Berkeley's idealism started a revolution in philosophy. As one of the great empiricist thinkers he not only influenced British philosphers from Hume to Russell and the logical positivists in the twentieth-century, he also set the scene for the continental idealism of Hegel and even the philosophy of Marx. This edition of Berkeley's two key works has an introduction which examines and in part defends his arguments for idealism, as well as offering a detailed analytical contents list, extensive philosophical notes, and (...) an index. (shrink)
First published in 1713, this work was designed as a vivid and persuasive presentation of the remarkable picture of reality that Berkeley had first presented two years earlier in his Principles of Human Knowledge. His central claim there, as here, was that physical things consist of nothing but ideas in minds--that the world is not material but mental. Berkeley uses this thesis as the ground for a new argument for the existence of God, and the dialogue form enables him to (...) raise and respond to many of the natural objections to his position. The text printed in this volume is that of the 1734 edition of the Dialogues. (shrink)
If a tree falls in the forest and no one is present to hear it, does it make a sound? It does not, according to George Berkeley. Originally published in 1710, this landmark of Western philosophy introduced a revolutionary concept: immaterialism, which asserts that to be is to perceive or be perceived. The treatise opens with an assault on Locke's theory of abstract ideas and proceeds with arguments that sensible qualities exist only when perceived as ideas. Physical objects, he claims, (...) are no more than collections of qualities, and these sensible objects, too, are merely ideas. Berkeley relates his position to the achievements of eighteenth-century science, and proclaims the compatibility of immaterialism with traditional religion. (shrink)
touch 27 Thirrdly, the straining of the eye 28 The occasions which suggest distance have in their own nature no relation to it 29 A difficult case proposed by Dr. Barrow as repugnant to all the known theories 30 This case contradicts a ...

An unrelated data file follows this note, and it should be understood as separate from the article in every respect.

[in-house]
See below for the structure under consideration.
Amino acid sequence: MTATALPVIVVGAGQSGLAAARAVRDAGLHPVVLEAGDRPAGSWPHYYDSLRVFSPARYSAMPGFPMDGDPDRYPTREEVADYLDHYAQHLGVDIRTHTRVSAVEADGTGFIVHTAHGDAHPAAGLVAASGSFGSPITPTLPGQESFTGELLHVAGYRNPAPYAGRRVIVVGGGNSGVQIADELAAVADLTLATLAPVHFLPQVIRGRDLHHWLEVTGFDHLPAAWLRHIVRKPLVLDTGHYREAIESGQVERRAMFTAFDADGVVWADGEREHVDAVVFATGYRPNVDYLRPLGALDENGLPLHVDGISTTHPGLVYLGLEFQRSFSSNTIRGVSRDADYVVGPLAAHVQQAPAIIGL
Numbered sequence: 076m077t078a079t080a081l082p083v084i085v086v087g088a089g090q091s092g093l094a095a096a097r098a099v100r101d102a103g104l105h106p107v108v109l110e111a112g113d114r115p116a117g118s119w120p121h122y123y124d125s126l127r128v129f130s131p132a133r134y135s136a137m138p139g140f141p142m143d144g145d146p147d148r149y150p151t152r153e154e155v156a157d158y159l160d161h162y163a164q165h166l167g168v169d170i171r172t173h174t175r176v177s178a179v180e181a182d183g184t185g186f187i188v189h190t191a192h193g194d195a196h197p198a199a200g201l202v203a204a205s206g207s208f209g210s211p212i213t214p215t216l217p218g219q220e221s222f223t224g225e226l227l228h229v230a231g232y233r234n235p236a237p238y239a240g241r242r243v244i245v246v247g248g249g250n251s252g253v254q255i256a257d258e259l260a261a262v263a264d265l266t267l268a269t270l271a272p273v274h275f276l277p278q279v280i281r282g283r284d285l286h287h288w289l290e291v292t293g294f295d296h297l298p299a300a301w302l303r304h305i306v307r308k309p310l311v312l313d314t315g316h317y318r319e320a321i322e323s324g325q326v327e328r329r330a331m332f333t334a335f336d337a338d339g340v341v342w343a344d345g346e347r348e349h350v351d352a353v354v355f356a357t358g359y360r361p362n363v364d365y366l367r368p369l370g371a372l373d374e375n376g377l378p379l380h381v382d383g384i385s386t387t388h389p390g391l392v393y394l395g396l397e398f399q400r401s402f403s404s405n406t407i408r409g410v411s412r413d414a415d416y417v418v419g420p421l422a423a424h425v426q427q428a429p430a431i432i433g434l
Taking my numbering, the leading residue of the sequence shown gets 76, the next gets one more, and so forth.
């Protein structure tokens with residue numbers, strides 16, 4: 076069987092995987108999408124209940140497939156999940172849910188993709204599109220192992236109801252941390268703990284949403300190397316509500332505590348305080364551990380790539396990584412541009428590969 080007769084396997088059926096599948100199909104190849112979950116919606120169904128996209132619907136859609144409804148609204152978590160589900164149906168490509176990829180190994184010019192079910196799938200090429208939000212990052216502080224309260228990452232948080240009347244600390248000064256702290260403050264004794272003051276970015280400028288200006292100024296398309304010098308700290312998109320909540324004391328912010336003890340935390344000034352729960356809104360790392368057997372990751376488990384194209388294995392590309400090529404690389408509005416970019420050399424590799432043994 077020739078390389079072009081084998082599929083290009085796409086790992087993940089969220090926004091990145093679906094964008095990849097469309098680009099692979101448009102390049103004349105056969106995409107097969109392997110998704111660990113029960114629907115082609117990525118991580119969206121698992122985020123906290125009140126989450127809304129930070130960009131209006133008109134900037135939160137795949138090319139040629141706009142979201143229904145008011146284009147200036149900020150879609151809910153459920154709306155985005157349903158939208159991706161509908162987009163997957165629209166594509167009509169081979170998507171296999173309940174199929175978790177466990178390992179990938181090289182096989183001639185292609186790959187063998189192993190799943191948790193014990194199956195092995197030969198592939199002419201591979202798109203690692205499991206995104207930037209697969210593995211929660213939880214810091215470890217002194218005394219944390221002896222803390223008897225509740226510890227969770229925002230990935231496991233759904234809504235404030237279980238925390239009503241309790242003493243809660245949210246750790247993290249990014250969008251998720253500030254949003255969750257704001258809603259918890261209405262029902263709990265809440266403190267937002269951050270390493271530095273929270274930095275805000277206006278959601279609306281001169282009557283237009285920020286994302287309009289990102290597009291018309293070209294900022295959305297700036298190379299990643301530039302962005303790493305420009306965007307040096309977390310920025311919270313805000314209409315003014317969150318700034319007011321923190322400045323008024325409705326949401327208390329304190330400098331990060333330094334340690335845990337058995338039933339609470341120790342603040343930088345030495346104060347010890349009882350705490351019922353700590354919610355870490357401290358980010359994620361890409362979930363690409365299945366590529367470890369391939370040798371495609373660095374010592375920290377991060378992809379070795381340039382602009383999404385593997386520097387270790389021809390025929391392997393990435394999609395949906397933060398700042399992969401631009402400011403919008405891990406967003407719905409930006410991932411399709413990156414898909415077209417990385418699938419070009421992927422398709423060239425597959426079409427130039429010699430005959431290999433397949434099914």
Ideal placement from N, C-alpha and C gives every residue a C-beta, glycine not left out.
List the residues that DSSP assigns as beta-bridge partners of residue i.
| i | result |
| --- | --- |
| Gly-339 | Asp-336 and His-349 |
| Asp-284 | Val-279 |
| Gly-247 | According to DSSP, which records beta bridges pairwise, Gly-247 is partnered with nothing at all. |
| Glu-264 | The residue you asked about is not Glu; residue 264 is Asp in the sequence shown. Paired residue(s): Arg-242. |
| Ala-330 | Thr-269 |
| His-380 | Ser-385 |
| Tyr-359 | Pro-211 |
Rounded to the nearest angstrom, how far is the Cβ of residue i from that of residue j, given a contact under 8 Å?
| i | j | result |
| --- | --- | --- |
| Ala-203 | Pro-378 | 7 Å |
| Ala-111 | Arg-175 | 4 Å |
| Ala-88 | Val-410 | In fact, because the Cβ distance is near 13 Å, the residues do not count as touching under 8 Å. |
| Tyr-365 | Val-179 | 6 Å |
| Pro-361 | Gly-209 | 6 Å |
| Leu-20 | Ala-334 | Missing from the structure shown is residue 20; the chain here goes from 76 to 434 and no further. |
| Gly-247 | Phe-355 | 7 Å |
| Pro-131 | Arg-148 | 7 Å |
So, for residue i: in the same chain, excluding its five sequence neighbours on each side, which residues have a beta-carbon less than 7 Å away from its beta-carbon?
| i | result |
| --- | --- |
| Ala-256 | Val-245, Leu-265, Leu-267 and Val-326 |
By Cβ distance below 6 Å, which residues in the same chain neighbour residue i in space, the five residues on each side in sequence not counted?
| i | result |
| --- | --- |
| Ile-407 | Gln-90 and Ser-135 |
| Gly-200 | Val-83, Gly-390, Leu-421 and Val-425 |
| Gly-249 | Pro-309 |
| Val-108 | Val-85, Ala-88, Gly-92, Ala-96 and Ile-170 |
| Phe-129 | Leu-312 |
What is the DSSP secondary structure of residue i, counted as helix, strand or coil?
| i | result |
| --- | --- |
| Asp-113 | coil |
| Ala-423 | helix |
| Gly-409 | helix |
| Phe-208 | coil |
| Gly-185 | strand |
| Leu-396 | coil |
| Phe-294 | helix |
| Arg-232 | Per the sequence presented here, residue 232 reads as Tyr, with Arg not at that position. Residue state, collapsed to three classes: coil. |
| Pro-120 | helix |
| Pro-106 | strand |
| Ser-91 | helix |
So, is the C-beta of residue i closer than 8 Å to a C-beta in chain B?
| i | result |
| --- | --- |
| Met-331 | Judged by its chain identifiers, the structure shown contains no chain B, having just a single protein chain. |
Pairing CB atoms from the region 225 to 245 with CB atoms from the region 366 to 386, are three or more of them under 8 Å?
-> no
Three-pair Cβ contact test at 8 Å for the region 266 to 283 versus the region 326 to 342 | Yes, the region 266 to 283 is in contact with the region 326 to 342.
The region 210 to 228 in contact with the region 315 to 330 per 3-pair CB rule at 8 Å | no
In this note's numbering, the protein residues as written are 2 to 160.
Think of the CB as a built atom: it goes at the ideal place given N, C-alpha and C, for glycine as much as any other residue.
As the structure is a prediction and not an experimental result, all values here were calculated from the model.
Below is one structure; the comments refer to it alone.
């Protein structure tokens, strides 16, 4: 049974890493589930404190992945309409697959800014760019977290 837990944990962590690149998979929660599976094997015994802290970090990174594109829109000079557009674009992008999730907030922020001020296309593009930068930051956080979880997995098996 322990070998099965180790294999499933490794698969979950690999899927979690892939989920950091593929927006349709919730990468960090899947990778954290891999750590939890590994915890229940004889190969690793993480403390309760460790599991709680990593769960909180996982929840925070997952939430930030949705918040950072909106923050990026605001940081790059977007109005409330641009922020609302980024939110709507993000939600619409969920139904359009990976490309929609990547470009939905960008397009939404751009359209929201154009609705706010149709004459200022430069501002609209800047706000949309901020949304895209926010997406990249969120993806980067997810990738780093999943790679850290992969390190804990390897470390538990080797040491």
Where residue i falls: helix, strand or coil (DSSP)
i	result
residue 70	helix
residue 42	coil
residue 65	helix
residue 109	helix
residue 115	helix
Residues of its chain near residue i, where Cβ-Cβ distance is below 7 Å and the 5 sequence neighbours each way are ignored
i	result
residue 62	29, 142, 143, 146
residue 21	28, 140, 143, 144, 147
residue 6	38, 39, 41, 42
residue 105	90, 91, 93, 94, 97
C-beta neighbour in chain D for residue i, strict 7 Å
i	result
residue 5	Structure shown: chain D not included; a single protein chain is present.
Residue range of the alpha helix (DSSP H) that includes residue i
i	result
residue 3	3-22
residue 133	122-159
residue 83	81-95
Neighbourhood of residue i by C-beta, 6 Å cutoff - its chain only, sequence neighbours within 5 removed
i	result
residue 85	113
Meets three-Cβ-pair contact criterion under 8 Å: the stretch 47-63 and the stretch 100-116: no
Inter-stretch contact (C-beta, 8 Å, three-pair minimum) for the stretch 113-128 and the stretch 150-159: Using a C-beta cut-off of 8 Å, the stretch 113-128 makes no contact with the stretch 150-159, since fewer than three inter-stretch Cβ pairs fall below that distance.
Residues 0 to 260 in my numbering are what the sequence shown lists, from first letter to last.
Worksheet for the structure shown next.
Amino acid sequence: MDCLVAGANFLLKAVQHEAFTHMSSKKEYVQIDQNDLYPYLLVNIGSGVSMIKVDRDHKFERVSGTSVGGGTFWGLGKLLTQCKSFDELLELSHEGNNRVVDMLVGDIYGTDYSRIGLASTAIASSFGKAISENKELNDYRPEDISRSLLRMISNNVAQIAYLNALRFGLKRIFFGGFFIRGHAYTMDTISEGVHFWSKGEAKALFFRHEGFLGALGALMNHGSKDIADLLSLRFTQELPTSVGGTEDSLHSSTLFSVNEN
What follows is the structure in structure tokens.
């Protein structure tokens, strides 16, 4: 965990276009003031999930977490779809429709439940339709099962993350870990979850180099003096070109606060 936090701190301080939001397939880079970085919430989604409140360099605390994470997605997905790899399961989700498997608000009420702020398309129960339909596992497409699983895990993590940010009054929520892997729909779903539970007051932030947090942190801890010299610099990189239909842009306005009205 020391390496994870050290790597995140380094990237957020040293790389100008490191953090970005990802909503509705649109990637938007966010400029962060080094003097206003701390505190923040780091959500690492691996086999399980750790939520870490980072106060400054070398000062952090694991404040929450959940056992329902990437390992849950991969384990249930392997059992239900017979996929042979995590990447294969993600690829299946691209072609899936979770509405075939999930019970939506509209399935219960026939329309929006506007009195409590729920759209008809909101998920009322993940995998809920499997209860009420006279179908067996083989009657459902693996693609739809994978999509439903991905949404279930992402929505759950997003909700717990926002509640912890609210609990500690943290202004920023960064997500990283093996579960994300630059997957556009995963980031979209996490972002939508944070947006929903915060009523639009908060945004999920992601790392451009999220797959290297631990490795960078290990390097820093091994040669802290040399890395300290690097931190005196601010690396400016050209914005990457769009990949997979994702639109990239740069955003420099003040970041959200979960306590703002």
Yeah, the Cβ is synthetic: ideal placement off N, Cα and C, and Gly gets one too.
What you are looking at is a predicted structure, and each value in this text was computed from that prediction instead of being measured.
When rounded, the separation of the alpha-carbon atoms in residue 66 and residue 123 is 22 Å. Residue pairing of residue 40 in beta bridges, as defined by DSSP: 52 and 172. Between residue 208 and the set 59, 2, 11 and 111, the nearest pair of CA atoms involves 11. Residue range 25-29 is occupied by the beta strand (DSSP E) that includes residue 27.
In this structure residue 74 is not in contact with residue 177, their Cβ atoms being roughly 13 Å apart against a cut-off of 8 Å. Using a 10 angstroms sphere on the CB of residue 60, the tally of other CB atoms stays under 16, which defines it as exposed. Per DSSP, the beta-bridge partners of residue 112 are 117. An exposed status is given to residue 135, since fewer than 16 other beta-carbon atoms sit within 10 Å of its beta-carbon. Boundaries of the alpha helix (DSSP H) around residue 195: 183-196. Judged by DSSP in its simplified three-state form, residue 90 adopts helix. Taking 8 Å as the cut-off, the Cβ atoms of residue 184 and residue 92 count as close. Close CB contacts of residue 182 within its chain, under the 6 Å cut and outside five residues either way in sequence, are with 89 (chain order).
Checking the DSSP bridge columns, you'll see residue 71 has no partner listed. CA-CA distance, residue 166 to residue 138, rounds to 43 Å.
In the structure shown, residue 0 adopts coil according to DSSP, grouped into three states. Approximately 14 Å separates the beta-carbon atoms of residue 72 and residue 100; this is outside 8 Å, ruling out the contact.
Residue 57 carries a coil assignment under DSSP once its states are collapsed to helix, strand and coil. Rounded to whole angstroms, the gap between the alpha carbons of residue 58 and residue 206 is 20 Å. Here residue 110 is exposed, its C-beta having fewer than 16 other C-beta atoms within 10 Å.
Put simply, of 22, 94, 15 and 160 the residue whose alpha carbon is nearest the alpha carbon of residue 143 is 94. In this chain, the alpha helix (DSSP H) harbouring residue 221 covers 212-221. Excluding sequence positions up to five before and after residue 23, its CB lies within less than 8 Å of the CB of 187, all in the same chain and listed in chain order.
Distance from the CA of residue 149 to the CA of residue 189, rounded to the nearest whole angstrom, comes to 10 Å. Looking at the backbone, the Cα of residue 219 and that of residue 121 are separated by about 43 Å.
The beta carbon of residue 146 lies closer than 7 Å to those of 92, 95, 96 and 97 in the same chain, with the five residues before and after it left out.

A new theory of vision -- A treatise concerning the principles of human knowledge (part i) -- Dialogues between Hylas and Philonous -- An essay on motion -- Alciphron, or, The minute philosopher (excerpts) -- Siris: a chain of philosophical reflexions and inquiries concerning the virtues of tar-water (excerpts).
In der "Abhandlung über die Prinzipien der menschlichen Erkenntnis" entwickelt Berkeley die Lehre vom Immaterialismus. Die Wahrnehmung der Dinge mit den Sinnen ist für ihn die Basis allen Seins, den Geist versteht Berkeley als das aktive Prinzip.
Embora alguns matemáticos recentes tenham feito avanços prodigiosos e inaugurado diversos métodos admiráveis de investigação desconhecidos para os antigos, ainda há algo em seus princípios que, para o grande escândalo da tão celebrada evidência da Geometria, ocasiona muita controvérsia e disputa.
Berkeley's idealism started a revolution in philosophy. As one of the great empiricist thinkers he not only influenced British philosophers from Hume to Russell and the logical positivists in the twentieth century, he also set the scene for the continental idealism of Hegel and even the philosophy of Marx. -/- There has never been such a radical critique of common sense and perception as that given in Berkeley's Principles of Human Knowledge (1710). His views were met with disfavour, and his (...) response to his critics was the Three Dialogues between Hylas and Philonous. -/- This edition of Berkeley's two key works has an introduction which examines and in part defends his arguments for idealism, as well as offering a detailed analytical contents list, extensive philosophical notes and an index. (shrink)
George Berkeley (1685 - 1753), also known as Bishop Berkeley, was a philosopher. His primary philosophical achievement was the advancement of a theory he called "immaterialism" (later referred to as "subjective idealism" by others).
This volume includes the major works of the British Empiricists, philosophers who sought to derive all knowledge from experience. All essays are complete except that of Locke, which Professor Richard Taylor of Brown University has skillfully abridged.